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Public weighs in on whether residents should get to vote over leasing St. Louis airport

St. Louis Lambert International Airport
Michael R. Allen | Flickr
Residents testify on a bill that calls for a public vote on any future proposals to lease or privatize St. Louis Lambert International Airport.

A few dozen residents gathered in a hearing room at City Hall Wednesday for an unusual nighttime hearing on a proposed bill that would require a city-wide public vote on any deals to privatize St. Louis Lambert International Airport.

It was the first of three hearings held by the Board of Aldermen’s Transportation and Commerce Committee.

The city of St. Louis applied to be part of the Federal Aviation Administration’s privatization pilot program in April 2017. This summer a group of consultants, led by the non-profit Fly314, began a process, expected to take 18-24 months, to request bids to lease the airport.

That group has said a vote of the Board of Aldermen, the Board of Estimate and Apportionment, the FAA and the airlines would need to approve such a move, but not residents.

Alderwomen Cara Spencer, D-20th Ward, is pushing for a public vote.

She told the committee when city residents approved a $2 million bond issue in 1928 to purchase Lambert Field, the city was grandfathered into a revenue sharing program that makes the airport the city’s largest asset.

“The city enjoys almost $7 million a year in direct revenue from Lambert to our general fund,” she explained. “This is an income that is in serious jeopardy if we do decide to privatize. Why would we want to risk that?”

Reginald Garth, a resident of the 28th Ward, shared a message similar to nearly all those who spoke before the committee.

“Privatizing the airport - something of this magnitude should be in the hands and the decisions of the people,” he said.

Several members of a grassroots citizens’ group STL Not For Sale were on hand at the hearing to support a public vote. The group is working to gather signatures in order to put the question on the ballot.

“If the board bill fails, we can get the vote on the ballot,” said member Glenn Burleigh. “We only need 6,000 signatures.”

To date, the group has gathered 1,500 signatures and plans to reach its goal of 10,000 by next August.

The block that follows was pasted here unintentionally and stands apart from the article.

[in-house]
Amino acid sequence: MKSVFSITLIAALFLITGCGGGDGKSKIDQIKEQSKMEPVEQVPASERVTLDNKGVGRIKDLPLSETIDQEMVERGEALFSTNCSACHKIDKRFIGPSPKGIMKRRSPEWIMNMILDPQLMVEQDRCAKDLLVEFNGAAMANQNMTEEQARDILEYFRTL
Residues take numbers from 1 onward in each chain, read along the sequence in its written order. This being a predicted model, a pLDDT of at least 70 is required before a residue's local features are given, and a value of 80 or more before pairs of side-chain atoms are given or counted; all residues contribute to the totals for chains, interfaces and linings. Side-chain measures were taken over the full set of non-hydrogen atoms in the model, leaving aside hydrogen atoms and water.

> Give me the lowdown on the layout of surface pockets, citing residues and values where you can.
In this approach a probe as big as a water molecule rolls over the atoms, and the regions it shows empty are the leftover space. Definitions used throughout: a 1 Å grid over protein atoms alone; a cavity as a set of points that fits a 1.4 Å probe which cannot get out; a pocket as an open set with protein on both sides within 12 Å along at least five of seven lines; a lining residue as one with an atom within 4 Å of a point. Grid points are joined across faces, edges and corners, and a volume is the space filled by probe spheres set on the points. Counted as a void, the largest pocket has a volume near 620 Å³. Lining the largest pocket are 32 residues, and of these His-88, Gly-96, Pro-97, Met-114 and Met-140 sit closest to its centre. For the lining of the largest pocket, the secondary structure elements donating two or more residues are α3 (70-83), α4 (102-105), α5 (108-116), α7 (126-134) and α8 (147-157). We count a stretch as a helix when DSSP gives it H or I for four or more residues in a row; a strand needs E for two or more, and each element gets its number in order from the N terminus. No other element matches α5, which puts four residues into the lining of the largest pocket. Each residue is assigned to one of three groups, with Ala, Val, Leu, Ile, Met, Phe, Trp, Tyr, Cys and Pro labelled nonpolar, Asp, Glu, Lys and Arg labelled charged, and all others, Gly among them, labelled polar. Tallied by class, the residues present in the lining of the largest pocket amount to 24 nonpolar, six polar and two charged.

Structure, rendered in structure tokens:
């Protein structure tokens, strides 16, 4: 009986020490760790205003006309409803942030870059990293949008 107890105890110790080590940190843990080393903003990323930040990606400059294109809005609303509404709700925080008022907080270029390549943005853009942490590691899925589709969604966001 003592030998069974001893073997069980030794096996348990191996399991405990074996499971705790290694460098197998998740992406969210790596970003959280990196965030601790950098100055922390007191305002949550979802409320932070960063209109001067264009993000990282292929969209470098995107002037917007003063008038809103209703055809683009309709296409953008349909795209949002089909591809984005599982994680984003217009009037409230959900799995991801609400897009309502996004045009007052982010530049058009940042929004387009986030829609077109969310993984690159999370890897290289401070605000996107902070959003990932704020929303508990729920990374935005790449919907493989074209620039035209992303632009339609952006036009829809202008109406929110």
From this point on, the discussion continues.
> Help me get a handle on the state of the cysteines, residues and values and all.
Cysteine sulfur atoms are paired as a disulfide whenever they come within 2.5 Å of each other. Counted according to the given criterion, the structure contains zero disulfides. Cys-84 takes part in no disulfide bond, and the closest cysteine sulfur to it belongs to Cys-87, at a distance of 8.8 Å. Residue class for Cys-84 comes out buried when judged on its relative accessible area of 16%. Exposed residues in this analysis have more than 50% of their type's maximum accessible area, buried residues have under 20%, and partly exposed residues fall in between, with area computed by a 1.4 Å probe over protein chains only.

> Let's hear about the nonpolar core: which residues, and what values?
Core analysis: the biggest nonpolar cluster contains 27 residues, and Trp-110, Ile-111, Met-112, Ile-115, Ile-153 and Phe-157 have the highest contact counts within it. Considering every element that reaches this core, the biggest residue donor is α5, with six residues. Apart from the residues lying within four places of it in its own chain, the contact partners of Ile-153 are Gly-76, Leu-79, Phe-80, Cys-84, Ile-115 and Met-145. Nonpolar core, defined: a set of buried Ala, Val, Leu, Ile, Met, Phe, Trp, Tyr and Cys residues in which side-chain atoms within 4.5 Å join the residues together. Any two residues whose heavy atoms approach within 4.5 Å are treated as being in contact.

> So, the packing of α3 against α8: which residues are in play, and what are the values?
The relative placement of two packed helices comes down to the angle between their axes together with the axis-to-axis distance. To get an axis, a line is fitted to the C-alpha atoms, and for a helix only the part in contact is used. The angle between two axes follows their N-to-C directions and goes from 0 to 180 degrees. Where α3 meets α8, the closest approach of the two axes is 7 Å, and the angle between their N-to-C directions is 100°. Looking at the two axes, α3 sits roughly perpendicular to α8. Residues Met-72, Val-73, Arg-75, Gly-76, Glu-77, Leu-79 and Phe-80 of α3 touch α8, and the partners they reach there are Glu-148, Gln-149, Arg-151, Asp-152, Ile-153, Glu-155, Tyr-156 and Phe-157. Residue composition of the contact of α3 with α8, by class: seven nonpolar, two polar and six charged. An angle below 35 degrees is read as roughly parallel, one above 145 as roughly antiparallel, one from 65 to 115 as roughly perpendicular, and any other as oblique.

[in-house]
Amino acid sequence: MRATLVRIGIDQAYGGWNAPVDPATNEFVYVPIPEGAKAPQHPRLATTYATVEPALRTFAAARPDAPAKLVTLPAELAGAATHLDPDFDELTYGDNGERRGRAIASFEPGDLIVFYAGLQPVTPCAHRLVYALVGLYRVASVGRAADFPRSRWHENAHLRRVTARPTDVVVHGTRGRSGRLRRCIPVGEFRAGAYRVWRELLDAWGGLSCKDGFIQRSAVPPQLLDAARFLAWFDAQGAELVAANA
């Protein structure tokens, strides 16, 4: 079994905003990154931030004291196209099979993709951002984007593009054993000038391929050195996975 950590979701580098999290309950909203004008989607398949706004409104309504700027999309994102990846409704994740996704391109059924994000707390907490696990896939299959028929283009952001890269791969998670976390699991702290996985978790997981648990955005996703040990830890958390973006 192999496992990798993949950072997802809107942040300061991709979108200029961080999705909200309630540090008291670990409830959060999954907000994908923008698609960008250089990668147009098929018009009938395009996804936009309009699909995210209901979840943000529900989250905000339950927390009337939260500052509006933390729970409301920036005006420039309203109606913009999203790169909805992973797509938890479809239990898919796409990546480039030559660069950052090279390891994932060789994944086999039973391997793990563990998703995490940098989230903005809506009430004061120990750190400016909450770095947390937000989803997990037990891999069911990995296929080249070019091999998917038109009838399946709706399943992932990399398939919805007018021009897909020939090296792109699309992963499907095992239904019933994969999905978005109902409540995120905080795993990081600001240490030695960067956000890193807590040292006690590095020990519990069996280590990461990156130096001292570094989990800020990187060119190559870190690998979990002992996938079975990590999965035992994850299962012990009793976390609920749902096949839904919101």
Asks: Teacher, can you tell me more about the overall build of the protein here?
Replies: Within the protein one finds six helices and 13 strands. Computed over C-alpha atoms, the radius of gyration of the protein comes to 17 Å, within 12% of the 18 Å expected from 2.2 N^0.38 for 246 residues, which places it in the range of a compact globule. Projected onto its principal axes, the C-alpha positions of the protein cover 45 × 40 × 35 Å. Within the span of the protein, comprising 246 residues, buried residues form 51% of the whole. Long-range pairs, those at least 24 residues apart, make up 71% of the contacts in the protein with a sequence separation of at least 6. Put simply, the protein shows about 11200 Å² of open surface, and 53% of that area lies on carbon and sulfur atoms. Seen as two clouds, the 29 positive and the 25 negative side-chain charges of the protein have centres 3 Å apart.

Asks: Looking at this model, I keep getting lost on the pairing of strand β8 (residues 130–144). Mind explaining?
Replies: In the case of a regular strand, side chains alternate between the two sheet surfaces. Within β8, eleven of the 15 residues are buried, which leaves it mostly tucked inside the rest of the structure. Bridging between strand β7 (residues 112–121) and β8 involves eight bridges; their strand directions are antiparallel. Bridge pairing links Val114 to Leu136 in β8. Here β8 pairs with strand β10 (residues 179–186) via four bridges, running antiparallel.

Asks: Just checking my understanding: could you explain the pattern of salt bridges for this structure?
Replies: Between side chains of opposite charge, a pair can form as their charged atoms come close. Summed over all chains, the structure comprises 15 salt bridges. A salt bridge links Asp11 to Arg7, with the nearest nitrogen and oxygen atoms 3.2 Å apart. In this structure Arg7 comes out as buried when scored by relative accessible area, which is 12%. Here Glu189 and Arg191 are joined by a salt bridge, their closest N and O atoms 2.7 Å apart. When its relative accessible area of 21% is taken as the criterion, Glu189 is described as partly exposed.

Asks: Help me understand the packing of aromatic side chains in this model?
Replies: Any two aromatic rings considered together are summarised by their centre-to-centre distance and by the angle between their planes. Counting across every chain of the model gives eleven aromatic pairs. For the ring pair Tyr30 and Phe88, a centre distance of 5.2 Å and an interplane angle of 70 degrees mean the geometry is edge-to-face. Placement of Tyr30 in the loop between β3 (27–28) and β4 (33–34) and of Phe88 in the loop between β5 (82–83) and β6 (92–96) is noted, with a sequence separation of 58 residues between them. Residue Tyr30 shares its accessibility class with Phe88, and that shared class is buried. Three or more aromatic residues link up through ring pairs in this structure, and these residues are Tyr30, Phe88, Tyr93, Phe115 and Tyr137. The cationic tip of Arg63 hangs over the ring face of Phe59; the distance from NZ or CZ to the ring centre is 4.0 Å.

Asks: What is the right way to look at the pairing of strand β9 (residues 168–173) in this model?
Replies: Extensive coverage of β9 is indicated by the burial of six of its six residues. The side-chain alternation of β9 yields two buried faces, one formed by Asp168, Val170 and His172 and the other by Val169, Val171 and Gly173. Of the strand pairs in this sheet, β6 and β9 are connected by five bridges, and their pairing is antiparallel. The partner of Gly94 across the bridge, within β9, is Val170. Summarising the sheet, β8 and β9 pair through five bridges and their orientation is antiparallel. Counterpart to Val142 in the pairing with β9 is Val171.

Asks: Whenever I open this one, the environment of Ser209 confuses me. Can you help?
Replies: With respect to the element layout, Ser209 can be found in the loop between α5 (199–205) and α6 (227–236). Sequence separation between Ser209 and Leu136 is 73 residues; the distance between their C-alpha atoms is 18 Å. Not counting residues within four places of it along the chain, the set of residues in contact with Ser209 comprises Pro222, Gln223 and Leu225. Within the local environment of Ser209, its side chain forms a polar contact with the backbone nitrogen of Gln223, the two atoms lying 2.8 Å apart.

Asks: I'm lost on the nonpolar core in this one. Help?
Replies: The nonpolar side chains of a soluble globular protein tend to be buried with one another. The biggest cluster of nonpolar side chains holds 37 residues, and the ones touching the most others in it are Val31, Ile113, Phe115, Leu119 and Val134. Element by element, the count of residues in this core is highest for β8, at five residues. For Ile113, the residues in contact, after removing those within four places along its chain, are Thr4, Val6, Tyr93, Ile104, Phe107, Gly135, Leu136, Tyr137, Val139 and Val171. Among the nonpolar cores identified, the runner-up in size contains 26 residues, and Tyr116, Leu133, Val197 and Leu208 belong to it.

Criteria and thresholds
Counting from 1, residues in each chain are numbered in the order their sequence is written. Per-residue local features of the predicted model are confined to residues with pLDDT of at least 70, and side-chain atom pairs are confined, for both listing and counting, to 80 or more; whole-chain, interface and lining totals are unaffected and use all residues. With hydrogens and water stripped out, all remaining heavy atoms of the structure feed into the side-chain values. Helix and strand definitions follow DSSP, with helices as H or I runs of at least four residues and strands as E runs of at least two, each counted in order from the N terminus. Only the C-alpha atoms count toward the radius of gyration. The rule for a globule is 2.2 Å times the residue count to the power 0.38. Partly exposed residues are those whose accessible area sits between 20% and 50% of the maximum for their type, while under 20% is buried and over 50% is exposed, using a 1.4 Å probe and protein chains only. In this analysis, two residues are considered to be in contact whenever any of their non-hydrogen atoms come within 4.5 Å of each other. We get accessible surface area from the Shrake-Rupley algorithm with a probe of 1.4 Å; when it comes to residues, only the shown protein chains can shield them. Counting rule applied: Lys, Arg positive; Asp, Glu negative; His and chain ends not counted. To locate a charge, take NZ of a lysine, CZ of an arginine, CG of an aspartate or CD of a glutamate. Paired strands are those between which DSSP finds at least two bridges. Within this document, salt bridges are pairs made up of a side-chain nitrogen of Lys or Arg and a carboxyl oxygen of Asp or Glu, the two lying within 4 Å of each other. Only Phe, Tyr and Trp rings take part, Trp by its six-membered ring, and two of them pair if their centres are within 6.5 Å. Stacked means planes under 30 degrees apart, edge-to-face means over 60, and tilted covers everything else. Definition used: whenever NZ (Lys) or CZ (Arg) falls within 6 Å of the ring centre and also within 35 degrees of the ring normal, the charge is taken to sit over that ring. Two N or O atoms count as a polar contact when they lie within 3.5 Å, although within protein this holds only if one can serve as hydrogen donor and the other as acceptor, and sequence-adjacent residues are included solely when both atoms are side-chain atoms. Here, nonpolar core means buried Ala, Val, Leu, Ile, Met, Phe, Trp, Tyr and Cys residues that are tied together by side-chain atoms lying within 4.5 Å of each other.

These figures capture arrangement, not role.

Aldophus Pruitt, president of the St. Louis NAACP, was the only speaker who expressed some opposition to the bill. He said his issue was not with the public’s right to weigh in, but the timing.

Pruitt cautioned that a vote not be taken before knowing all the facts about a potential lease agreement that he believes could be worth $2.5 billion.

“If we do a vote prior to that, it is sticking our heads in the sand,” he said. “The city and especially the folks I represent deserve the opportunity to know if we can get that kind of investment and determine how that investment is spent.”

Alderwoman Marlene Davis, D-19th Ward, sits on the Airport Advisory Working Group, which is working with consultants regarding privatization. She also is chairwoman of the Transportation and Commerce Committee and said the committee was there to listen.

“Committee members will not be asking questions tonight. And we won’t answer questions here in order to give more time to the public speakers,” Davis said. “If you need information, let us know, and we will get it for you.”

Outside the hearing room, paid workers for the FLY314 group’s marketing and communications team were soliciting people to take a survey designed to inform citizens of the airport privatization process. The workers are going door-to-door throughout the city with a goal of completing 25,000 surveys.

The canvassing process by the marketing team has been criticized by STL Not for Sale and Alderwoman Spencer as being biased toward privatization.

After the hearing, Spencer said she was pleased with the turnout and the opportunity for residents to give their feedback about her bill.

The next public hearing for bill is scheduled for Oct. 13 at St. John the Baptist Parish, 4200 Delor St., at 10 a.m. Another hearing is scheduled for Oct. 15 at the Greater Pentacostal Church at 6080 West Florissant Ave.

Follow Melody on Twitter: @melodybird